The Director of the Federal Trade Commission’s Office of Policy Planning, Elizabeth Wilkins, issued the following statement in response to the decision by the State University of New York Upstate Medical University and Crouse Health System, Inc. to abandon their proposed merger:
“It is very good news for patients and healthcare workers in upstate New York that this proposed merger is not going to happen. As we said in our comment to the New York State Department of Health, the deal presented substantial risk of serious competitive and consumer harm in the form of higher healthcare costs, lower quality, reduced innovation, reduced access to care, and depressed wages for hospital employees.”
FTC staff had an active investigation into the effects of the proposed merger. In its comment to the New York State Department of Health, the FTC voiced opposition to a request by SUNY Upstate Medical University and Crouse Health System for a certificate of public advantage, also known as a COPA, which could have shielded the merger from antitrust laws. According to the agency, the merged entity would have had a combined share of nearly 67 percent of commercially insured inpatient hospital services in Onondaga County, and the proposed merger would have reduced the number of hospital options available for nearly all patients from three to two.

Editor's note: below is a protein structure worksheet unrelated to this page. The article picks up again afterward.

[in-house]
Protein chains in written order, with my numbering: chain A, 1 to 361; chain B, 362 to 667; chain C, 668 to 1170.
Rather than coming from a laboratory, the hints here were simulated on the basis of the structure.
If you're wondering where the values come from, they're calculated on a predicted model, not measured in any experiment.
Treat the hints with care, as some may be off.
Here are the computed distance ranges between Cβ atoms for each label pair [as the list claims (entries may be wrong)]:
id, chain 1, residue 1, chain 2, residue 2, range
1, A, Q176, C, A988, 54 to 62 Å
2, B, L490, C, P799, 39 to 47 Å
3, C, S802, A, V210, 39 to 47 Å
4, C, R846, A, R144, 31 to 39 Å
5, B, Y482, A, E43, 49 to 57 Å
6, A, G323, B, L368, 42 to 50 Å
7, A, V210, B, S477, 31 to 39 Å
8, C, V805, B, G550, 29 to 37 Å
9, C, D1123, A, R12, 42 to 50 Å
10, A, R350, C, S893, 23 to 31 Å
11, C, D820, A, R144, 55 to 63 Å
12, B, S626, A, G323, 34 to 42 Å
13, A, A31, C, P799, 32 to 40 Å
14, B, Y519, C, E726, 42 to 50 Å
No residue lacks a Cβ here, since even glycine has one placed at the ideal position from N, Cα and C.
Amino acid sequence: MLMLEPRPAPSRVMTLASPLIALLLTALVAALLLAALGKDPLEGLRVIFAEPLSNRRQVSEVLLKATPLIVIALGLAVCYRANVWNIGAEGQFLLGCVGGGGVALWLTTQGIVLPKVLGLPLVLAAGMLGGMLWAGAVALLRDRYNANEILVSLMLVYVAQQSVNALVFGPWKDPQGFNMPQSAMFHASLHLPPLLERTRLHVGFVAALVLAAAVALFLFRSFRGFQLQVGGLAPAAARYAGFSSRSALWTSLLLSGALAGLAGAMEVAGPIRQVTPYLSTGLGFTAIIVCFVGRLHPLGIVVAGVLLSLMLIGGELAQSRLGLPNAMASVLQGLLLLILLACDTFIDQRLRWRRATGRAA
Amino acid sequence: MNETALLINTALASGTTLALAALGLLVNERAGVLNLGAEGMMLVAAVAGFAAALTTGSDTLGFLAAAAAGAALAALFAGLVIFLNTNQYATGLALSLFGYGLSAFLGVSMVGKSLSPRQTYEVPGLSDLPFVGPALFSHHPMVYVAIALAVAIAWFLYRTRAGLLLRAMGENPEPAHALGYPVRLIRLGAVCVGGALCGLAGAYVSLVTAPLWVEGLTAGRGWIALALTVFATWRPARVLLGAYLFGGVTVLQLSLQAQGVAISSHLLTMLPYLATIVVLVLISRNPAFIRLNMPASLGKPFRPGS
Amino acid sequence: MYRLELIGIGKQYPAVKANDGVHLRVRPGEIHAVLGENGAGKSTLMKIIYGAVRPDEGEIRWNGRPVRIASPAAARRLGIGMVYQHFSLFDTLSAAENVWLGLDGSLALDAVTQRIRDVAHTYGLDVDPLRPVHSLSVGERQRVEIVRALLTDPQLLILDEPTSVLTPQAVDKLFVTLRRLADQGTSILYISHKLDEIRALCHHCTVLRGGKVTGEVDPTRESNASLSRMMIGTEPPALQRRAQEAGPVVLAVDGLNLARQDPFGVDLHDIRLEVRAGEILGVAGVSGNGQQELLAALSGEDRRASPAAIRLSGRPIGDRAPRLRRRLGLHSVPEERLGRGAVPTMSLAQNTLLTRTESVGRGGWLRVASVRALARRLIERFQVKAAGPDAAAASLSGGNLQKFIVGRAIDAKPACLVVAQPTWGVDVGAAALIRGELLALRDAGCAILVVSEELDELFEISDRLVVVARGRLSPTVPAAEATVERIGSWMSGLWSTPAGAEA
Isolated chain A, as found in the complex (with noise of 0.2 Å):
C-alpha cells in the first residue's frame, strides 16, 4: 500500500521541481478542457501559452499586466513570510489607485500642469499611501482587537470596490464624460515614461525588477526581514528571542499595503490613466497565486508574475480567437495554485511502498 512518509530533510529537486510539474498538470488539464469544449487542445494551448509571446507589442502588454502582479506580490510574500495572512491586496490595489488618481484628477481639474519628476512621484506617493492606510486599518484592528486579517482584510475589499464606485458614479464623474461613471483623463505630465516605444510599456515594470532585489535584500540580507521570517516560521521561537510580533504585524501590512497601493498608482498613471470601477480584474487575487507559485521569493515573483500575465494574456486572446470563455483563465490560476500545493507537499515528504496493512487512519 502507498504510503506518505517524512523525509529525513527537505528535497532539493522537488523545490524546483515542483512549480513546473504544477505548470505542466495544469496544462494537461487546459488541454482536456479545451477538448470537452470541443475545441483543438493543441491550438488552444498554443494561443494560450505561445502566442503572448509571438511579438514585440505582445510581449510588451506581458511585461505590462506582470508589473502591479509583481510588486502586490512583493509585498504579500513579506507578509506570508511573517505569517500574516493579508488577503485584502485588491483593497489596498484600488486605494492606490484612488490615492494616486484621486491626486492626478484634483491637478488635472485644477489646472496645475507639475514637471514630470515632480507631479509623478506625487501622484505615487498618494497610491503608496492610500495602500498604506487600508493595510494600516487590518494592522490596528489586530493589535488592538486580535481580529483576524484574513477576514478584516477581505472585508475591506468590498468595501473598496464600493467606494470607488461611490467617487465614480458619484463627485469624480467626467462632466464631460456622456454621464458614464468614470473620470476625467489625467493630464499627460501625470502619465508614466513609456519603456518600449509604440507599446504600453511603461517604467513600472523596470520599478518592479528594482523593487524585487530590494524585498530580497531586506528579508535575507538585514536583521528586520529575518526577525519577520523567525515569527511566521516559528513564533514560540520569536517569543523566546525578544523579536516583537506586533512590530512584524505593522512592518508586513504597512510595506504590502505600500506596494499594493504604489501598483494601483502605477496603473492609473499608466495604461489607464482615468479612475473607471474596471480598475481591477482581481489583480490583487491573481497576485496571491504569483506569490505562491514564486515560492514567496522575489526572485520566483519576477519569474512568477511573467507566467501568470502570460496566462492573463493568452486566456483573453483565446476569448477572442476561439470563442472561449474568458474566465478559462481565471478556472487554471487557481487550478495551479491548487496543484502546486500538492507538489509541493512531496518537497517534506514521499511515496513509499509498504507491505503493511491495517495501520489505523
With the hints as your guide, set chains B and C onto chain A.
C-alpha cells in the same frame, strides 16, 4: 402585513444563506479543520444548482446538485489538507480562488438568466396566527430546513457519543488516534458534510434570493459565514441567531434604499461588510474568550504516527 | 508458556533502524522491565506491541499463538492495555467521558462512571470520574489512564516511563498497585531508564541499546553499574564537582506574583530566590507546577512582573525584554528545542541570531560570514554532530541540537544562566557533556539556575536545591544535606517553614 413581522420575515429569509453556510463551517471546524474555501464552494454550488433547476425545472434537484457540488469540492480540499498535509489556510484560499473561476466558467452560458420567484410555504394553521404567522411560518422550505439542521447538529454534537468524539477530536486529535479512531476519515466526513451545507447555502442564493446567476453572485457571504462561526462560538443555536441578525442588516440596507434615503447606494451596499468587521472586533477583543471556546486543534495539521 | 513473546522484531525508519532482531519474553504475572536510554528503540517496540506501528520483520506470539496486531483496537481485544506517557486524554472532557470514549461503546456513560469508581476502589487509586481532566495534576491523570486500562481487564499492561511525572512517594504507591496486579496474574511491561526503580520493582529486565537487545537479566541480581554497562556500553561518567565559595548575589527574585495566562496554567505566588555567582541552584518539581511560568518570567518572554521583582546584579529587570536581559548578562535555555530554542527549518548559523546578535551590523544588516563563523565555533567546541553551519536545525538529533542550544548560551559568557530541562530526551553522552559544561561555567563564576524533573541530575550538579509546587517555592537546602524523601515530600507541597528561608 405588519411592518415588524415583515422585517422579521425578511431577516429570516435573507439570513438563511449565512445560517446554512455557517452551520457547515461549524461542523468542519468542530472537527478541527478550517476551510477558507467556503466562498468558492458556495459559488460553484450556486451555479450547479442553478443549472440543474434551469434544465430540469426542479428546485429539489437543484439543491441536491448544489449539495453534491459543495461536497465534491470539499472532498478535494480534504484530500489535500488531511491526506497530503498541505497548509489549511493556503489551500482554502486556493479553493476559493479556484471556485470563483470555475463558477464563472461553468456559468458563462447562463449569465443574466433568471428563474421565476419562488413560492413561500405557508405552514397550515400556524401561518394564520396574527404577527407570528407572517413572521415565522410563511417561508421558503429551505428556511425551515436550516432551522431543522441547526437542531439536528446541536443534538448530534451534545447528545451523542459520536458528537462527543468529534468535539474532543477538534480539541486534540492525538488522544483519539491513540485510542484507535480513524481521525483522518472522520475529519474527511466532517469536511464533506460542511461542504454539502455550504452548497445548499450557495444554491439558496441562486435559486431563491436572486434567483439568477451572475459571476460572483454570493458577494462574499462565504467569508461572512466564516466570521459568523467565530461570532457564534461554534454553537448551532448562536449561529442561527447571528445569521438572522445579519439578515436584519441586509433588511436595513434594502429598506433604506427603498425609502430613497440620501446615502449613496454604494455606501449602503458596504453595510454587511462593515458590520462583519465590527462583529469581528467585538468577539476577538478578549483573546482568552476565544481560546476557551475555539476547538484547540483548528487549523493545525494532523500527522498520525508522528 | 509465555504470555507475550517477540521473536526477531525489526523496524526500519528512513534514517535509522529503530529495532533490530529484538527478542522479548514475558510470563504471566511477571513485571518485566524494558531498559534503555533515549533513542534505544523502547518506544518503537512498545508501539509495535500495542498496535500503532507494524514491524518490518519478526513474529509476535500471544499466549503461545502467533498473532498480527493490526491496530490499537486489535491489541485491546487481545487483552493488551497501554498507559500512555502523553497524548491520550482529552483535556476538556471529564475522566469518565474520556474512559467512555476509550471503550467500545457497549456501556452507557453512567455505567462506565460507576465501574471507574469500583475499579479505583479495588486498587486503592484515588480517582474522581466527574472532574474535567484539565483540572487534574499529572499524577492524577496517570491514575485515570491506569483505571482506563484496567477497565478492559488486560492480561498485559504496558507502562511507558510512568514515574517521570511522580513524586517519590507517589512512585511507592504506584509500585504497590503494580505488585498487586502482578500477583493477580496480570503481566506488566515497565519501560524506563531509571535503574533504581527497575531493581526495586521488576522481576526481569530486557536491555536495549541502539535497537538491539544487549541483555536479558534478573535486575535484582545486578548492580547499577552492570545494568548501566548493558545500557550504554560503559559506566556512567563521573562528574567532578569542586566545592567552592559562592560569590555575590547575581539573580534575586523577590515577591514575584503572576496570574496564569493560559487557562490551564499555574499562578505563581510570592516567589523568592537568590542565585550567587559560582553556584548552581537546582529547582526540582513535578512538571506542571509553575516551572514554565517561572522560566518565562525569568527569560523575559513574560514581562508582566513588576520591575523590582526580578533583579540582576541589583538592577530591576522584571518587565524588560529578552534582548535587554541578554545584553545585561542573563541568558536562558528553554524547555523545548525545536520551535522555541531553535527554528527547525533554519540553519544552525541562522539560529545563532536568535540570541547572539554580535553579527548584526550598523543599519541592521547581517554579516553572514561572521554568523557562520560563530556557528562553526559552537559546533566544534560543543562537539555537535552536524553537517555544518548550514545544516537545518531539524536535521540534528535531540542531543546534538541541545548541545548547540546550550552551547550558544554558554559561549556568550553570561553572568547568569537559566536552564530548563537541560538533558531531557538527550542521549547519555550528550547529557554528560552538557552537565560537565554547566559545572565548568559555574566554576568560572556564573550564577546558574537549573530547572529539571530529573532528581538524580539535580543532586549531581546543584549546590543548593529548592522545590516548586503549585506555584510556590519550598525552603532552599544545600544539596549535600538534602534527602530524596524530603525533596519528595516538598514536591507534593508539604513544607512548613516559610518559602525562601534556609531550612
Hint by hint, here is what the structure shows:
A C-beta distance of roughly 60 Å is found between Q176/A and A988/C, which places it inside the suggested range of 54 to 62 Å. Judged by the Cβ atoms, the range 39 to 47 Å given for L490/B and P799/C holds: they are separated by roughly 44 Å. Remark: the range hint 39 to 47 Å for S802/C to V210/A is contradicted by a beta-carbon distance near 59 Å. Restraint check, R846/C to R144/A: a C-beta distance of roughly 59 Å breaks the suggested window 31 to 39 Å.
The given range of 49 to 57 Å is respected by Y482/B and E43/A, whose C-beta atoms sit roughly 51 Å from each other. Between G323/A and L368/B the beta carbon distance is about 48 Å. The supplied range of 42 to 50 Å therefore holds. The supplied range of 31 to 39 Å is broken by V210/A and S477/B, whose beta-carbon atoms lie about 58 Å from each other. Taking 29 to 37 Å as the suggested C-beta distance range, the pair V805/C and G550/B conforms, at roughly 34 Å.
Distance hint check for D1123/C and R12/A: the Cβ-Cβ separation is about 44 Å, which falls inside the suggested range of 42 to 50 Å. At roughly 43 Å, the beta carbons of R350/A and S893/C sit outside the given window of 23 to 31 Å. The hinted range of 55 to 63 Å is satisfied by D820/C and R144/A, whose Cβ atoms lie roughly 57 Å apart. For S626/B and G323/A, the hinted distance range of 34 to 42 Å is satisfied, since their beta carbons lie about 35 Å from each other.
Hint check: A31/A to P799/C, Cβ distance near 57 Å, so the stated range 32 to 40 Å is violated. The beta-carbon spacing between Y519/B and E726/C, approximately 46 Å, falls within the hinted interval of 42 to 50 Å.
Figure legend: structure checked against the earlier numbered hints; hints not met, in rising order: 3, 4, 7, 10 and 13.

In 2017, the FTC announced a policy project to assess the impact of COPAs on prices, quality, access, and innovation for health care services. The studies of past COPAs have revealed significant increases in commercial inpatient prices, as well as declines in quality of care. More broadly, access to affordable healthcare is of the utmost importance to American consumers. Promoting competition in the healthcare sector is a key priority for the FTC, including preventing anticompetitive hospital mergers.